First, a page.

Kettering Towns Problems Continue To Mount
At what point does it become right and proper to start reading the last rites for a football club? We have written extensively about the travails facing Kettering Town over the last few weeks or so, but the last seven days or so have seen a succession of misadventures which can lead us to only negative conclusions – that time is up, and that it has been proven that whatever on earth it was hoped would be achieved by moving the club eight miles from its home town to Irthlingborough to play at Nene Park has failed to materialised and that after one hundred and forty years it is now only a matter of time for this club ceases to exist as we understand it today. It is a startling indictment of owners who can only be described as utterly incompetent or working towards an end game that is corrupt to its core. We don’t know which of the aforementioned is closer to the truth. We do know that this is the only way that any sane person could regard the last twelve months of the history of this once proud club before this club becomes history itself.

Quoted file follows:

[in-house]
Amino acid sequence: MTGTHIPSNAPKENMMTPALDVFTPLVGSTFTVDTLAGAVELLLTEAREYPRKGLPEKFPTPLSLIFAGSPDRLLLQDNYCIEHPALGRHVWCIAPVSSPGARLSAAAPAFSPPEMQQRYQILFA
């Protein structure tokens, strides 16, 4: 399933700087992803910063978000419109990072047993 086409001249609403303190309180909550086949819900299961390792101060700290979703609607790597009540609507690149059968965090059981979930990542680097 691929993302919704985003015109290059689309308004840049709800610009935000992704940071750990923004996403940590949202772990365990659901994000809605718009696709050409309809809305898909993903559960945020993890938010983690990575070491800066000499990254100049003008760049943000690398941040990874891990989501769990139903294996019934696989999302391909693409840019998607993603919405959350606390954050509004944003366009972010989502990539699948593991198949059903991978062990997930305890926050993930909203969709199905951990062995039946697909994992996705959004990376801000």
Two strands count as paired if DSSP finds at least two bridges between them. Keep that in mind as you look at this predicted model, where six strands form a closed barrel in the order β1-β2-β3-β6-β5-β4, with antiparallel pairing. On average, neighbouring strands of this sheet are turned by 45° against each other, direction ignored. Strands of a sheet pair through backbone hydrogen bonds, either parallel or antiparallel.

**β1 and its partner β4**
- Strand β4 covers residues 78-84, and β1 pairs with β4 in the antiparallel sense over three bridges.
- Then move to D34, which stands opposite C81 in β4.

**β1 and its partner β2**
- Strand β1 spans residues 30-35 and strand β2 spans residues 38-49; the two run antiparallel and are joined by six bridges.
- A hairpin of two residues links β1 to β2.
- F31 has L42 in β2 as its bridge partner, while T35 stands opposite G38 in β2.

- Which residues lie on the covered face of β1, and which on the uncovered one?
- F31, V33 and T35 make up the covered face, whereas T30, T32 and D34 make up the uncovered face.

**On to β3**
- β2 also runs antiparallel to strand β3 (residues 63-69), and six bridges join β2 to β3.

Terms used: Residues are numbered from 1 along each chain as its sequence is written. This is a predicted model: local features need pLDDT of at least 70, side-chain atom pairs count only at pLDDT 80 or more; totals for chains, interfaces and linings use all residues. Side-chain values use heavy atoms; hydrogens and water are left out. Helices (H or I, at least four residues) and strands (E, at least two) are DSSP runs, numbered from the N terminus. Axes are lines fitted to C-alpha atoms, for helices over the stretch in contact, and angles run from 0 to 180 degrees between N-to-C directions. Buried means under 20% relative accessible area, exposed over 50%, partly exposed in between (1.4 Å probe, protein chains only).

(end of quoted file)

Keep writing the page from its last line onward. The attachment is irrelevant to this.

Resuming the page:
Yesterday afternoons FA Trophy qualifying match against Concord Rangers would not have been particularly expected to be a crowd-pleaser, but further problems manifested themselves for the club during the week, before a balk had even kicked. The exodus of players began in earnest with the loss of Ben Gerring, whose departure from the club had seemed inevitable after he was made the drive around Northamptonshire and Cambridgeshire in a fruitless attempt to secure information regarding the whereabouts of his wages, and this trickle turned to an avalanche with the departure of manager John Beck on Friday. Under the best of circumstances, such a loss would have had an obvious impact. Considering the situation at this club at present, this was a loss which carried with it the distinct sound of another nail being being hammered into its coffin.
First team scout Alan Doyle took over managerial duties for yesterdays match, but the writing was becoming clearer and clearer on the wall. The match programme, such as it was, consisted of a photocopied sheet. The team was a demoralised collection of those so far unable to wake themselves from this living nightmare. Despite the fact that Kettering were playing at home against a side a level lower than them in the pyramid, they could offer nothing against modest opposition and Concord Rangers ran out comfortable winners, by three goals to nil. Two hundred and fifteen hardy souls turned out to another chunk being bitten from the club.